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We have described the continuity and Navier-Stokes equations. These are the starting point of Prandtl’s **boundary**-**layer** **theory**. We will describe steady, incompressible flow. Steady means that the flow at a particular position in space will not change in time. In other words, when taking a picture of for example the flow field around a car (imagine the flow would be visible), the picture will look the same at time and time , for arbitrary . Incompressible flow means it is not possible to change the density of air. Also we assume to have a 2-dimensional flow within the (x,y) plane. And the last assumption is neglecting the effect of gravity, which will have little influence on the flow inside the **boundary** **layer**.

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Abstract. A two-dimensional viscous dusty ﬂow induced by normal oscillation of a wavy wall for moderately large Reynolds number is studied on the basis of **boundary** **layer** **theory** in the case where the thickness of the **boundary** **layer** is larger than the amplitude of the wavy wall. Solutions are obtained in terms of a series expansion with respect to small amplitude by a regular perturbation method. Graphs of velocity components, both for outer ﬂowand inner ﬂowfor various values of mass concentration of dust particles are drawn. The inner and outer solutions are matched by the matching process. An interested application of present result to mechanical engineering may be the possibility of the ﬂuid and dust transportation without an external pressure.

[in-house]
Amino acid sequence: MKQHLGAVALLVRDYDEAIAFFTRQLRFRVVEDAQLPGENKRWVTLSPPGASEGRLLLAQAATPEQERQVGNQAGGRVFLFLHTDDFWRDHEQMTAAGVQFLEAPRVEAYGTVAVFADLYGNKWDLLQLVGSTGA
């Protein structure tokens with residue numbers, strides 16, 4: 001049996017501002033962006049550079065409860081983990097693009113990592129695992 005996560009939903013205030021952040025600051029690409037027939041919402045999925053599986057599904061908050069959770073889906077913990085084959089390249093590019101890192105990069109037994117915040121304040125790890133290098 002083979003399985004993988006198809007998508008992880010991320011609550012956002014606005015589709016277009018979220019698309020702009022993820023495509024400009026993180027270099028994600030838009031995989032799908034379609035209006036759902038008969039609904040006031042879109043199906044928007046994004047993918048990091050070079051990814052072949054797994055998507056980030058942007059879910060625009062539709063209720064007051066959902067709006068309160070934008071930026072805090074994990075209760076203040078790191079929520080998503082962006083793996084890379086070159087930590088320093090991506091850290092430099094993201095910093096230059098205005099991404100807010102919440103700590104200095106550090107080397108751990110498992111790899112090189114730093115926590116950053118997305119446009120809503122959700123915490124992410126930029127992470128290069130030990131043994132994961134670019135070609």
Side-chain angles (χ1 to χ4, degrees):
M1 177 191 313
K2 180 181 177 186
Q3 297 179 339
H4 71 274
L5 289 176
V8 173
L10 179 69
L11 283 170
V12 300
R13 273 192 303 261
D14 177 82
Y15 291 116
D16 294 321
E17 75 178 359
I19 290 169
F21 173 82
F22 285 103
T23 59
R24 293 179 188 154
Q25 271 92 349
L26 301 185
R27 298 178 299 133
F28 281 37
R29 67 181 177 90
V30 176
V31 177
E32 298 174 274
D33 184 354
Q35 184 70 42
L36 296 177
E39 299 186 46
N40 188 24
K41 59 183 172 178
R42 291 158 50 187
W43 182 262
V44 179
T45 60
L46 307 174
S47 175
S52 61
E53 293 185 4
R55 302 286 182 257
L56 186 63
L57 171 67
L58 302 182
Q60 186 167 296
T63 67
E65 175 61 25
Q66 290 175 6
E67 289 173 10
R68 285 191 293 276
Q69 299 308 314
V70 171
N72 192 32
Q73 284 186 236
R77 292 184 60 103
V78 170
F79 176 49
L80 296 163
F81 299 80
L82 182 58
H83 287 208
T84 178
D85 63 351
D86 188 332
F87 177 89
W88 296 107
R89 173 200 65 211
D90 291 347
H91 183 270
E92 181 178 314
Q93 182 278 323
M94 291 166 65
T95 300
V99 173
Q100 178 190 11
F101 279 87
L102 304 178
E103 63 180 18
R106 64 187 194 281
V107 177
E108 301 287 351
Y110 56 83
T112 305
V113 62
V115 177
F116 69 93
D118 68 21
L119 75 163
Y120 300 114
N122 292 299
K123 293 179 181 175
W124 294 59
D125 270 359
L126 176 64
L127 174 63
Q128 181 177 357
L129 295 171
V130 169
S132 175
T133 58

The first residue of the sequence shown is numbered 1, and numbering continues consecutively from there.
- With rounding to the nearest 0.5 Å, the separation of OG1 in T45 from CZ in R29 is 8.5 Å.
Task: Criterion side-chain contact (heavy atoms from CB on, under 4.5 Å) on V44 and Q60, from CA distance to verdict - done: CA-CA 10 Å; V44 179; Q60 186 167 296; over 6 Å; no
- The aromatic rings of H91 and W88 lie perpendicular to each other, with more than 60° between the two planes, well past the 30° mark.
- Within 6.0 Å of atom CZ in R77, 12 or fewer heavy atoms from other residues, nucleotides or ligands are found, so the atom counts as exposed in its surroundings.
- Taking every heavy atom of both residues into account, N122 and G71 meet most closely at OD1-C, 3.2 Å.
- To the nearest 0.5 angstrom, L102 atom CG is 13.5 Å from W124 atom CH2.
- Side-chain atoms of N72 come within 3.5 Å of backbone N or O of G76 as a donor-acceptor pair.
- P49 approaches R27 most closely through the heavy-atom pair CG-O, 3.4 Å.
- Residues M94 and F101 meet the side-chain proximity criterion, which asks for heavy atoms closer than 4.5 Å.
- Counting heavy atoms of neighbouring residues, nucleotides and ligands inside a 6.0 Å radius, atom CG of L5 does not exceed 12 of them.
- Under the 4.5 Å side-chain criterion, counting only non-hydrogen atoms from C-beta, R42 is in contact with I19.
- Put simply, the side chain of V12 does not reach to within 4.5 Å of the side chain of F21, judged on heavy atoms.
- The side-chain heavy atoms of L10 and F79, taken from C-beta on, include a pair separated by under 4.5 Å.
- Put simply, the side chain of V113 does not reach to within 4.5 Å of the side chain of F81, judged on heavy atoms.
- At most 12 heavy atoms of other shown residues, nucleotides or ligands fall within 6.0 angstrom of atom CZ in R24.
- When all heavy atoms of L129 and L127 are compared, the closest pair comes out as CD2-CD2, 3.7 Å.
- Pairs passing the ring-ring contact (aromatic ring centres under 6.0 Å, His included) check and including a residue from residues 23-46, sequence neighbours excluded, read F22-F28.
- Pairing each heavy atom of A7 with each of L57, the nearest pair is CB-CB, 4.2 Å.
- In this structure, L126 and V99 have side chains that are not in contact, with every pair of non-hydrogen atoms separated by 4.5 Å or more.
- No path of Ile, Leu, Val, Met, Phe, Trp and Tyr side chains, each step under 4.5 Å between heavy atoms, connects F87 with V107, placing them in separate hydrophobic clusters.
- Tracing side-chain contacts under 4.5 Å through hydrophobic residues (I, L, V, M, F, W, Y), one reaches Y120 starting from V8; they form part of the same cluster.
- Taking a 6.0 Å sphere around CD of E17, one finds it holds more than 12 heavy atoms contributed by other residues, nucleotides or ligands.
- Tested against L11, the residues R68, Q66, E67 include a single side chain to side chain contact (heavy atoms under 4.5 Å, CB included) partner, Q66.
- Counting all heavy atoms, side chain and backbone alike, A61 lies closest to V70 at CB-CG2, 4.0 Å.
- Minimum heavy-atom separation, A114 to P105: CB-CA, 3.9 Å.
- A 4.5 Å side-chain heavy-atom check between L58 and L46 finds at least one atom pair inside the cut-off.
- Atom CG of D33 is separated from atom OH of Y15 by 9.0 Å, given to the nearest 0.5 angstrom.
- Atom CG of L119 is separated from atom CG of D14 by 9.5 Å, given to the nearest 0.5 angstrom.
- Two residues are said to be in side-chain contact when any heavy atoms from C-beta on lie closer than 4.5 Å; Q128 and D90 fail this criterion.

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Consequently the aim of the present note is to suggest at a minimum a likeness or analogy between the fundamental discovery of Prandtl’s **boundary** **layer** **theory** [13-15], which revolutionized fluid dynamics and thus aircraft, ships and submarine design [13-20] on one hand and on the other hand relates it all to the meaning and physics behind the highly controversial quantum wave collapse, i.e. state vector reduction of quantum mechanics [21-22] that formed a substantial part of the work and legacy of David Bohm [5-7]. Ultimately Bohm had to escape from the witch-hunt of the McCarthy ear in the USA to the freedom of science and belief in Birkbeck College in England, the promise land in that time [5-7].